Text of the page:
America’s Unsafe and Unregulated Compounding Pharmacies
A new report raises concerns over a pharmaceutical practice called compounding and one NJ lawmaker is calling for the FDA to step in and keep medicinal supplies safe.
The Ranking Member of the House Energy and Commerce Subcommittee on Health announced today the findings of a new state-by-state report that finds compounding pharmacies are going largely untracked, unregulated and under-inspected by states across America.
Pharmaceutical compounding is the creation of a particular pharmaceutical product to fit the unique needs of a patient. To do this, compounding pharmacists combine or process appropriate ingredients using various tools.
Congressman Frank Pallone (NJ-06) first called for the investigation in November of 2012 following the meningitis outbreak originating in a Massachusetts compounder that killed dozens and sickened hundreds.
“Compounding pharmacies serve a variety of important functions, but they must operate with only the highest safety standards,” says Pallone. “Anything less is absolutely unacceptable.”
“This report’s findings are shocking and shed light on an industry that often operates with little oversight and whose lack of regulation could continue to put lives at risk. Action must be taken immediately to remedy the risks from compounding pharmacies and it is time for the FDA to step in and keep our supplies of medicines safe.”
According to Pallone, the report demonstrates that the Food and Drug Administration must be given authority to set and enforce safety standards and is released on the heels of news that compounding pharmacies have been turning away these very FDA investigators.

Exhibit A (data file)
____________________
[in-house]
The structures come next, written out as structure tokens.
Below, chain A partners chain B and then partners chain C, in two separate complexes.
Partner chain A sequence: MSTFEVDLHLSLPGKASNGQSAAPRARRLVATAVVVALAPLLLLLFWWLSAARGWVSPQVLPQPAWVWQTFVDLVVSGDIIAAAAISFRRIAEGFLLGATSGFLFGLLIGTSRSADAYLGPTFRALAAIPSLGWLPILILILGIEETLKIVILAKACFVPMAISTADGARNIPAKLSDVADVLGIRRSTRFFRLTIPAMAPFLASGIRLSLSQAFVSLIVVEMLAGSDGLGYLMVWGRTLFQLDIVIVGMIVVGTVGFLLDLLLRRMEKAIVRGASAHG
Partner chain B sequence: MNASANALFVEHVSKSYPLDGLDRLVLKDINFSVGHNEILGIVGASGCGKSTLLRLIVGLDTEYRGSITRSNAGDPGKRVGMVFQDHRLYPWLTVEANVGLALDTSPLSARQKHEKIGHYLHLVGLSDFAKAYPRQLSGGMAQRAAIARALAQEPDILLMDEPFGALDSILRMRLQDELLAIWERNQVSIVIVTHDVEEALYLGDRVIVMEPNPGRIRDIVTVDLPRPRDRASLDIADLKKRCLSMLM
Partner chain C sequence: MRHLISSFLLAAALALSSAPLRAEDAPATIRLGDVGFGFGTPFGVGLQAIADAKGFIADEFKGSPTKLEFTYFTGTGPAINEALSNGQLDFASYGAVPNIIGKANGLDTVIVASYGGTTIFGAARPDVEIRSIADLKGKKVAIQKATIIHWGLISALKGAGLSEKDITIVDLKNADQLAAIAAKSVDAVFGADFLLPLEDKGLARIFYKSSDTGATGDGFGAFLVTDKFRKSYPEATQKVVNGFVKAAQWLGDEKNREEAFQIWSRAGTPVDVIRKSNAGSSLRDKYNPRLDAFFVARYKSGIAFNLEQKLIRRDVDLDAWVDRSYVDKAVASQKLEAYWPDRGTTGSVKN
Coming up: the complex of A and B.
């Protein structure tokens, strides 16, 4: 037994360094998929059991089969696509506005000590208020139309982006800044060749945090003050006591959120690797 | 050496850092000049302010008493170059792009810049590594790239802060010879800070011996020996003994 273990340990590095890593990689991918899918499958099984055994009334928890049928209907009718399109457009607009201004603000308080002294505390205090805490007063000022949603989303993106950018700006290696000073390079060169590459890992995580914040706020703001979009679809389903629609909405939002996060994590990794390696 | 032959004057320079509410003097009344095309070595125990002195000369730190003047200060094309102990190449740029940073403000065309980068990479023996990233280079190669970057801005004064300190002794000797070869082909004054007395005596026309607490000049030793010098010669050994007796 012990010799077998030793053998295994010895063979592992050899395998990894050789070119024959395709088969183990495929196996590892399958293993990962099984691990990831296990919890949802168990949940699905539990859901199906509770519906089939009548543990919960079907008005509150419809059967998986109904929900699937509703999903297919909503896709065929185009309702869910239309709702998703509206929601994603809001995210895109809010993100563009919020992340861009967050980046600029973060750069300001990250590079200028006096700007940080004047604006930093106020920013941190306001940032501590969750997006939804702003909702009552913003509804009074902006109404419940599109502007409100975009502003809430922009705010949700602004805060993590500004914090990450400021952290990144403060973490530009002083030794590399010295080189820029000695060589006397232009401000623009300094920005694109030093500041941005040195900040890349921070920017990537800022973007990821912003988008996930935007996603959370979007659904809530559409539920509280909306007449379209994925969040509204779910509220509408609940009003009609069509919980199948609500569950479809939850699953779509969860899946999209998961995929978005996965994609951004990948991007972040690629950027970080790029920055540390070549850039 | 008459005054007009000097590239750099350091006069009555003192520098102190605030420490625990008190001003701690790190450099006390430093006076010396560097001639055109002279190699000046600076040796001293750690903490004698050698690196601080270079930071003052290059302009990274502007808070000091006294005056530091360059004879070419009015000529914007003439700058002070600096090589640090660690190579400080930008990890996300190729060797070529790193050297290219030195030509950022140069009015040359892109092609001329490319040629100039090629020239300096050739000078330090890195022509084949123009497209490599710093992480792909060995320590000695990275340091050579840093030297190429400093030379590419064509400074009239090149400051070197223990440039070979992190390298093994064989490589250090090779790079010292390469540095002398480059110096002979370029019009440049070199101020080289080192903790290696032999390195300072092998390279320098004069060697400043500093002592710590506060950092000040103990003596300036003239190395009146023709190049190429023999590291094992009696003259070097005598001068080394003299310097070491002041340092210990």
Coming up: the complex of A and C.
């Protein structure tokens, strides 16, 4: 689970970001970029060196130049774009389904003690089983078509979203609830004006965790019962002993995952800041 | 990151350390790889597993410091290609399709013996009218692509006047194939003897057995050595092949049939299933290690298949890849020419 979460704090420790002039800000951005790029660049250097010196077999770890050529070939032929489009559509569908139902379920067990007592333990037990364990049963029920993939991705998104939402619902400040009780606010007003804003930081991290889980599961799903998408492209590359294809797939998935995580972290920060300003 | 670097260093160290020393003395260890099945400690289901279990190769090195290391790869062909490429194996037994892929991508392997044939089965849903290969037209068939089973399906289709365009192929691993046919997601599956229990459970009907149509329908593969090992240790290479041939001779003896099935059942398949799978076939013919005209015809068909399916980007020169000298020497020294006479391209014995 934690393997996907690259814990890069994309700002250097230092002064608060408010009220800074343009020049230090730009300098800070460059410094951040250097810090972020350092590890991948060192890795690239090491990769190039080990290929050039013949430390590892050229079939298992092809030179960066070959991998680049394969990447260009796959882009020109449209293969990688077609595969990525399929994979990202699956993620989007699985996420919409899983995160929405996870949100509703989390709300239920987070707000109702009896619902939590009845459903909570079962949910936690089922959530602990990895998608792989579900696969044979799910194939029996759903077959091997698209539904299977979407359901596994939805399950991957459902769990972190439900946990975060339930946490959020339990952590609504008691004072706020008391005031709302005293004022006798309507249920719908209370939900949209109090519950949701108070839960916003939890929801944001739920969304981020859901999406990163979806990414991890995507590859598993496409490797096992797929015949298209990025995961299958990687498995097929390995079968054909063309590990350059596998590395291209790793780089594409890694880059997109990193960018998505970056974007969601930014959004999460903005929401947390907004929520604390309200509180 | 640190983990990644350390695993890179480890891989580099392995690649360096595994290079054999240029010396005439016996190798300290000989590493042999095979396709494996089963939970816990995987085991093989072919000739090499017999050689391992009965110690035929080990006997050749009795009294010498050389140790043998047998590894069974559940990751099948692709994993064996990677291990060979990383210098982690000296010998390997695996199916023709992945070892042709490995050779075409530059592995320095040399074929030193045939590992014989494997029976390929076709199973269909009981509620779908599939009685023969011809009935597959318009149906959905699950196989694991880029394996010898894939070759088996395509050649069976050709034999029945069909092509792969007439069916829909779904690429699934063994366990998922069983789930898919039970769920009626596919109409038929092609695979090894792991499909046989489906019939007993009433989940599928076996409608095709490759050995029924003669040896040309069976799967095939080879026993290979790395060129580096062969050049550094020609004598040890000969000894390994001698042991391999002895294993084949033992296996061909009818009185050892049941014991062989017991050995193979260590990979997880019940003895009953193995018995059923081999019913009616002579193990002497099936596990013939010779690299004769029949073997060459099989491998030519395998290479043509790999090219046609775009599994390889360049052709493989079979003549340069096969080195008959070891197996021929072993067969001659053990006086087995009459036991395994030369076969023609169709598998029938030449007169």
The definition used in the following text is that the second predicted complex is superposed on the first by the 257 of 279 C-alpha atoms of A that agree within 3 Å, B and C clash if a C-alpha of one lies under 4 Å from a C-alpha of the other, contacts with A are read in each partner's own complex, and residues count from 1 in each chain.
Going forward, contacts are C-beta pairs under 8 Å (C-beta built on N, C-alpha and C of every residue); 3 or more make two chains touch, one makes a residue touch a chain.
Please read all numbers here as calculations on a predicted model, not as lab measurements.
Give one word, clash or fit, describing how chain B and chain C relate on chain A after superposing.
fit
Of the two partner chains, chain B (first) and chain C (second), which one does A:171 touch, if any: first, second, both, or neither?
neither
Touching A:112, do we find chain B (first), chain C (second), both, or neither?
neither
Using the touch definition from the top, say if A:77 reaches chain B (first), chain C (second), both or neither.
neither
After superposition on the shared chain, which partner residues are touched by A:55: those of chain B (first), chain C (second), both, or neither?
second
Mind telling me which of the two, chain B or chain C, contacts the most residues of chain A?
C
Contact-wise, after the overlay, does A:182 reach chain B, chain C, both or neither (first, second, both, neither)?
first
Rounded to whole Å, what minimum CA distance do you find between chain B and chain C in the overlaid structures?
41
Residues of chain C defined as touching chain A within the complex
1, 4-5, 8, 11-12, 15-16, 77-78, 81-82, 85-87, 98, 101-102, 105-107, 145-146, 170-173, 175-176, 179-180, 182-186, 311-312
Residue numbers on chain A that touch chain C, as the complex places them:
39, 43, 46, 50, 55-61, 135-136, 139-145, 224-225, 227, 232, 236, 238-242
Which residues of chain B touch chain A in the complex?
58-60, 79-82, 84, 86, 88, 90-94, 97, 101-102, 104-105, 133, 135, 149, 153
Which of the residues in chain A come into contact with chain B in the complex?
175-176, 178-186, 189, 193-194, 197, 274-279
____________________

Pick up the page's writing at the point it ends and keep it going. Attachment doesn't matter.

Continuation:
Examples of the major findings of the report include:
- -State boards of pharmacy generally do not know which pharmacies engage in compounding. For example, only Mississippi and Missouri routinely track the number of compounding pharmacies in their state.
- None of the states have requirements for pharmacies to disclose the volumes of compounded drugs they produce or whether compounded drugs are being sold across state lines.
- Only thirty-two states were able to provide historical data on the number of licensed pharmacies in their states.
- Thirty-seven states do not routinely track which pharmacies are providing risky sterile compounding services, the service which led to the meningitis outbreak.
- States typically do not maintain pharmacy inspection records that enable them to identify systemic and repeated compounding pharmacy safety problems.
- On average, states employ just 5 inspectors (a range of 1-30 inspectors was reported) with responsibility to inspect all pharmacies, and only 19 states provide their inspectors with special training to identify problems with sterile compounding.
- States are unable to effectively police compounded drugs shipped into their states from other states.